Simplifies the review and management of threat models in documents
threatware is an AWS lambda function (or CLI tool) with methods to help review threat models and provide a process to manage threat models. It works directly with threat models as documents in Confluence/Google Docs.
TL;DR for developers
threatware is a compiler for threat models. For threat models as documents (in a format you can define), threatware reads and validates the document and can output the threat model in a machine-readable language.
threatware is a change management system for threat models. threatware can be used as part of a GitOps process for approving threat models (whether new or as updates to existng threat models).
TL;DR for security teams
threatware helps your threat modelling to scale. Engineering teams authoring their own threat models as documents (in a format you can define), can use threatware to detect errors in the threat model, as it is populated. threatware documentation contains the process, guidance and examples to empower engineering teams to be threat model authors (with help from a security team).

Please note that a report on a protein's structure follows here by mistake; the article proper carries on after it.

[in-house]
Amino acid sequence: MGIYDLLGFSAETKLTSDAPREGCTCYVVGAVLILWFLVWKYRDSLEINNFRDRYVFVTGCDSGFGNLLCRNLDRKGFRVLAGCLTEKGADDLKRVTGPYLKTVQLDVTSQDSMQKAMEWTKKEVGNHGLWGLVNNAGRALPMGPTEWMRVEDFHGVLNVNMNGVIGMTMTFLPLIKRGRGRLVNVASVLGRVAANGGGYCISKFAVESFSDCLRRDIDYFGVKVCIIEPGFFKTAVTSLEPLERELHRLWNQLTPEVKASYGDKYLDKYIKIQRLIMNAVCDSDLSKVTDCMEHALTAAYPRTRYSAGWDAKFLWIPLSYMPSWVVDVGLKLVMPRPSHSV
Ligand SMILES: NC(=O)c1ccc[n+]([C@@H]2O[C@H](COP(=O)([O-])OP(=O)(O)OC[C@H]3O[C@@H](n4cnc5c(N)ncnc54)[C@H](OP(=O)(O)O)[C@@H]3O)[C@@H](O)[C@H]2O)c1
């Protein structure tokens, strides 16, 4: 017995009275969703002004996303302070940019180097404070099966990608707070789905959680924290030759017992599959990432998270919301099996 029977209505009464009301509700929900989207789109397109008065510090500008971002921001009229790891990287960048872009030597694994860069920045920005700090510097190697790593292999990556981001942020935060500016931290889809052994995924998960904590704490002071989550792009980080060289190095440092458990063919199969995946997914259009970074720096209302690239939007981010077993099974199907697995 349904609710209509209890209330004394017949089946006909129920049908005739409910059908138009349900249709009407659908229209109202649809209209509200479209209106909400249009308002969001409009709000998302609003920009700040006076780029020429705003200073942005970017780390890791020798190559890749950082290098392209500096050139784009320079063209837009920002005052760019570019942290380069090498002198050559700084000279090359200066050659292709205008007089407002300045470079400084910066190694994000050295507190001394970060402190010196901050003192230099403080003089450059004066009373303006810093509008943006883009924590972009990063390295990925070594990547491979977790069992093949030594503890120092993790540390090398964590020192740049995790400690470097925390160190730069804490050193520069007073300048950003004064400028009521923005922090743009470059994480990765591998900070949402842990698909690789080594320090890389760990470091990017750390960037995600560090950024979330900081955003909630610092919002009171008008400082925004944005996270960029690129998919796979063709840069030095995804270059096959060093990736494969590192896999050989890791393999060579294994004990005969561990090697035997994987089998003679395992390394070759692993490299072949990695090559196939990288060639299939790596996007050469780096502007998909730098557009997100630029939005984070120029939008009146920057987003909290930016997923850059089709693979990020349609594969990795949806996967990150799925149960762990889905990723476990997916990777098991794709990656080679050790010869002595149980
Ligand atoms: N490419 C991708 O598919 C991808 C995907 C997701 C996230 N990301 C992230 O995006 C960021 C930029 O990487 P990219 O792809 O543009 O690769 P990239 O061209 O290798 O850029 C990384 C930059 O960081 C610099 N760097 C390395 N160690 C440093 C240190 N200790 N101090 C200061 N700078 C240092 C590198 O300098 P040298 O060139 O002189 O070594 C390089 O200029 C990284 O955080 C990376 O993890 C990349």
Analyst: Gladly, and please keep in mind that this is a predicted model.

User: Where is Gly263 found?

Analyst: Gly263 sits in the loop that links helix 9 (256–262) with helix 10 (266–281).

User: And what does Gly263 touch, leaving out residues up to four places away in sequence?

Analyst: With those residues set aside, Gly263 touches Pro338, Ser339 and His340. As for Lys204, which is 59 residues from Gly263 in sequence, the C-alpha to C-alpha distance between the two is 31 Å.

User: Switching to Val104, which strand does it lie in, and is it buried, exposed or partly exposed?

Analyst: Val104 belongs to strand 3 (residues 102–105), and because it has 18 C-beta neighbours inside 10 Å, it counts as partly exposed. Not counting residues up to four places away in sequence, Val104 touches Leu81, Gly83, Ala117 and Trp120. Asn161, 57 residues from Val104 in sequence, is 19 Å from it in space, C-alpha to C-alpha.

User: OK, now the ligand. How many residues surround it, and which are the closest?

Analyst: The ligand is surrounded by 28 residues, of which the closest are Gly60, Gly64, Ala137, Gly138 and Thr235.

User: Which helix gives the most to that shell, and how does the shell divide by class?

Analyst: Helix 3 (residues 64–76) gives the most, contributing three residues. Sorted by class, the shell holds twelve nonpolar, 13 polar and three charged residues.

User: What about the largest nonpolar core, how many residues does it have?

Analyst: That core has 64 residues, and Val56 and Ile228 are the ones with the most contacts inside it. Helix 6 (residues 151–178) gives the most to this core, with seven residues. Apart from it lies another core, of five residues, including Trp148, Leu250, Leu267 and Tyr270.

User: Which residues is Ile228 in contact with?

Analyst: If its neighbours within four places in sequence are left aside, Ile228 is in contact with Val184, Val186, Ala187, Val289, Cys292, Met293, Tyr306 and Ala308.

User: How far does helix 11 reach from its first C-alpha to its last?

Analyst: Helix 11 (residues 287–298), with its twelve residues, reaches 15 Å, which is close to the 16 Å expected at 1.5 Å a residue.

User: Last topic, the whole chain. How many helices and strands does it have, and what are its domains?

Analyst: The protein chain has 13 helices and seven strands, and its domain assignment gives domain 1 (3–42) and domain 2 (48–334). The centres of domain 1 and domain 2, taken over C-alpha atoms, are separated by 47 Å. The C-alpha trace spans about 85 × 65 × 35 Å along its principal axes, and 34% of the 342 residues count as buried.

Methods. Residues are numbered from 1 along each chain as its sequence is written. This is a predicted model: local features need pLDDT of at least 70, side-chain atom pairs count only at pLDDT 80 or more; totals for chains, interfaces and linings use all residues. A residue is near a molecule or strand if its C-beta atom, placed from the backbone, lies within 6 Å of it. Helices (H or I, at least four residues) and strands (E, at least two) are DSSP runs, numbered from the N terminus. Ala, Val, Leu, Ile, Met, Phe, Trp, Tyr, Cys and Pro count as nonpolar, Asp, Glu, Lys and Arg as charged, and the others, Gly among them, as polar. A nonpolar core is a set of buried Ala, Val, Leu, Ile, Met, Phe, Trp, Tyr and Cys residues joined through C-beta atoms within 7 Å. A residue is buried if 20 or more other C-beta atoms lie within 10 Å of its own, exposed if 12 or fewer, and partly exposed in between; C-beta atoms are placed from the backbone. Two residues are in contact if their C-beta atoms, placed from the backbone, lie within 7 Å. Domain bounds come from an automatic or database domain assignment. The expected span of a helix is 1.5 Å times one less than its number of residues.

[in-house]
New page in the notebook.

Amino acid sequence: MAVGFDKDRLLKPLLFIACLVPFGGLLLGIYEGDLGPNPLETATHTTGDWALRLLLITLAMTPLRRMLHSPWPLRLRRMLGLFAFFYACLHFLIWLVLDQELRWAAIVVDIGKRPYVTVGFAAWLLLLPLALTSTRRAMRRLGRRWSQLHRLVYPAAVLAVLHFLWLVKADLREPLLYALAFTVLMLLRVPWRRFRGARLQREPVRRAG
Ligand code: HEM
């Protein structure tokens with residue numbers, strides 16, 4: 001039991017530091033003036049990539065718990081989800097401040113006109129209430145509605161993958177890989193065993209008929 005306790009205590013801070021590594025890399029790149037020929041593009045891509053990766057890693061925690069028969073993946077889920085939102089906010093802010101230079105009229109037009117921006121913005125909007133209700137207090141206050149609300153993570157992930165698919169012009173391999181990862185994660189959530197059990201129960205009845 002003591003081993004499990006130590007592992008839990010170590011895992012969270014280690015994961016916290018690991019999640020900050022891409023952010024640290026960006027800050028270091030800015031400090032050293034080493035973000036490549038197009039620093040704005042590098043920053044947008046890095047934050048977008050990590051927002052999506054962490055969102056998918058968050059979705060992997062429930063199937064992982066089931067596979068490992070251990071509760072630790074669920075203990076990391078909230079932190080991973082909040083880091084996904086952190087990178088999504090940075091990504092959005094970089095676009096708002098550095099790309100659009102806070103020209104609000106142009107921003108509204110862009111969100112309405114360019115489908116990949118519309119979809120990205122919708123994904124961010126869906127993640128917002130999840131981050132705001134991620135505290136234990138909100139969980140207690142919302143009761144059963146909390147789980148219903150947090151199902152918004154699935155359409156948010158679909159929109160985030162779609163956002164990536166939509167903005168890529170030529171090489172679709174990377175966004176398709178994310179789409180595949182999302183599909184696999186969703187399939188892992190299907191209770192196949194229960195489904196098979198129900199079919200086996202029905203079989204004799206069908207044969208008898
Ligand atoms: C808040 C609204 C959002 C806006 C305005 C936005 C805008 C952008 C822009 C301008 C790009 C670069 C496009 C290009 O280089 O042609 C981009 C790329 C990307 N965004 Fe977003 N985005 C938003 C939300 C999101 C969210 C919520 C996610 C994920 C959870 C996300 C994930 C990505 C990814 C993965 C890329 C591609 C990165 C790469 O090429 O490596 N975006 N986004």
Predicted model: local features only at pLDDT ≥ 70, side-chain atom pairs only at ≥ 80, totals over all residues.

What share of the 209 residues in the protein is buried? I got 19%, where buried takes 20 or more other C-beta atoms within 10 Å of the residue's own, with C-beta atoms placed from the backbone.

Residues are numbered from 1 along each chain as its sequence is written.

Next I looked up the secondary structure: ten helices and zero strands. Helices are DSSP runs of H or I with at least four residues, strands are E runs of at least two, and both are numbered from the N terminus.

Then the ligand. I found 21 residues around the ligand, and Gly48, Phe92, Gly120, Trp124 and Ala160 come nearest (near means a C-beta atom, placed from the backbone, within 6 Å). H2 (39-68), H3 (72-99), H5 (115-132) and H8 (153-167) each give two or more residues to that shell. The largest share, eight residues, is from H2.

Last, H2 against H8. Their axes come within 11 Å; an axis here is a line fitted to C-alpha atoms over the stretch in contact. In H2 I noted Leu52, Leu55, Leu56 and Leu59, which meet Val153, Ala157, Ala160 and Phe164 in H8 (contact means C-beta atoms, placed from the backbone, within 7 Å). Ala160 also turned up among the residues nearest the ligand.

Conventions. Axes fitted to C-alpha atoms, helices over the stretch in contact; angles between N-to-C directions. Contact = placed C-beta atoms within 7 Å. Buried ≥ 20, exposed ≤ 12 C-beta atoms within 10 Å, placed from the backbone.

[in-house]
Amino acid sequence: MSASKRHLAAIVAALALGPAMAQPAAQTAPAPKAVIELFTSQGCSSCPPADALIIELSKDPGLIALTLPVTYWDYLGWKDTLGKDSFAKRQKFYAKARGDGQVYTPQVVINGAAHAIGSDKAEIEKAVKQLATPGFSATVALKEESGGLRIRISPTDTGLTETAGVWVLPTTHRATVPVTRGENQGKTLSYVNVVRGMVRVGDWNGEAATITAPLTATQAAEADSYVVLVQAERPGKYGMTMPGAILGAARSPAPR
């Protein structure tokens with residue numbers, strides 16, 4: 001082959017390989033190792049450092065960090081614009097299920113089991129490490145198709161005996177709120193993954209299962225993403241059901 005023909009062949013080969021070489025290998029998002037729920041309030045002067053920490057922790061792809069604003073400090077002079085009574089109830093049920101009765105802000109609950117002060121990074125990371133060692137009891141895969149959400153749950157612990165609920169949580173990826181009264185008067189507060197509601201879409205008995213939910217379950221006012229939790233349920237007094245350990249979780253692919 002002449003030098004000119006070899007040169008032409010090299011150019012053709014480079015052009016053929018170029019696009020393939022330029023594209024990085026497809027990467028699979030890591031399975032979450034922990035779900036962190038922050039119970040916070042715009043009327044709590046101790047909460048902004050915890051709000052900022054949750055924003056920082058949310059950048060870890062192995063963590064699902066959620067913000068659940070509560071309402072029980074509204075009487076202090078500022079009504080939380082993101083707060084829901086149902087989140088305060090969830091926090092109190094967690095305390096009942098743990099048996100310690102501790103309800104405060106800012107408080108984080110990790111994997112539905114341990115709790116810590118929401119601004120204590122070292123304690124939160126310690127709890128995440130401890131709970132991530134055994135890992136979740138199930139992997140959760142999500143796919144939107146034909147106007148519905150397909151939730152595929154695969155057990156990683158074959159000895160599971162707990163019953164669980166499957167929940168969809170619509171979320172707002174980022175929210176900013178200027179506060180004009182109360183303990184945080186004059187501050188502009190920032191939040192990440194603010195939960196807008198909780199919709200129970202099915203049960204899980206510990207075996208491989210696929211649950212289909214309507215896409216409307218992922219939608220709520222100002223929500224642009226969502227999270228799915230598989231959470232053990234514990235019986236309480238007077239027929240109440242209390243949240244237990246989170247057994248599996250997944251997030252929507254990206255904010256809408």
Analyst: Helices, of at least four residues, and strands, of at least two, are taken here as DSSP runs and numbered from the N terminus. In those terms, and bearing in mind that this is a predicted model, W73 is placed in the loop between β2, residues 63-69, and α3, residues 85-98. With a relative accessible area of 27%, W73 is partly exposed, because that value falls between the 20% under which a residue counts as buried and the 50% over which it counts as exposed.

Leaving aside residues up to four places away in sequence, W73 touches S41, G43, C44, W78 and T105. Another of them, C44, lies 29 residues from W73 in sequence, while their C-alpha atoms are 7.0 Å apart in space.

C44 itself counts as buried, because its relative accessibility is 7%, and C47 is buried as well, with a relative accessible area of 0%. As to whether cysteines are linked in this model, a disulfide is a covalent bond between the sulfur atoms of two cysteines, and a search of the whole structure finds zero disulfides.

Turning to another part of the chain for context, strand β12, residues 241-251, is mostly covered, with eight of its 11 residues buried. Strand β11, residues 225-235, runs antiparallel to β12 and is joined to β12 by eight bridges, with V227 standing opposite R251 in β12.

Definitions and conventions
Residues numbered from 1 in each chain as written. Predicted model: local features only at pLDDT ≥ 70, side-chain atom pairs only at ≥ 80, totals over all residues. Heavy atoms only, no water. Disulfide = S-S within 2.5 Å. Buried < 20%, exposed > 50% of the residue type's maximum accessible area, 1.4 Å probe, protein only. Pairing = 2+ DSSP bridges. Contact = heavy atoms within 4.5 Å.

threatware helps you govern your threat modelling. threatware provides a management framework to track and approve new threat models and updates to existing threat models.
threatware requires a recent version of
python (3.9 or above, and you should have
pip installed as well (instructions)) and that a recent version of
git is installed (instructions). You may also want to consider installing threatware in a virtual environment
python3 -m pip install threatware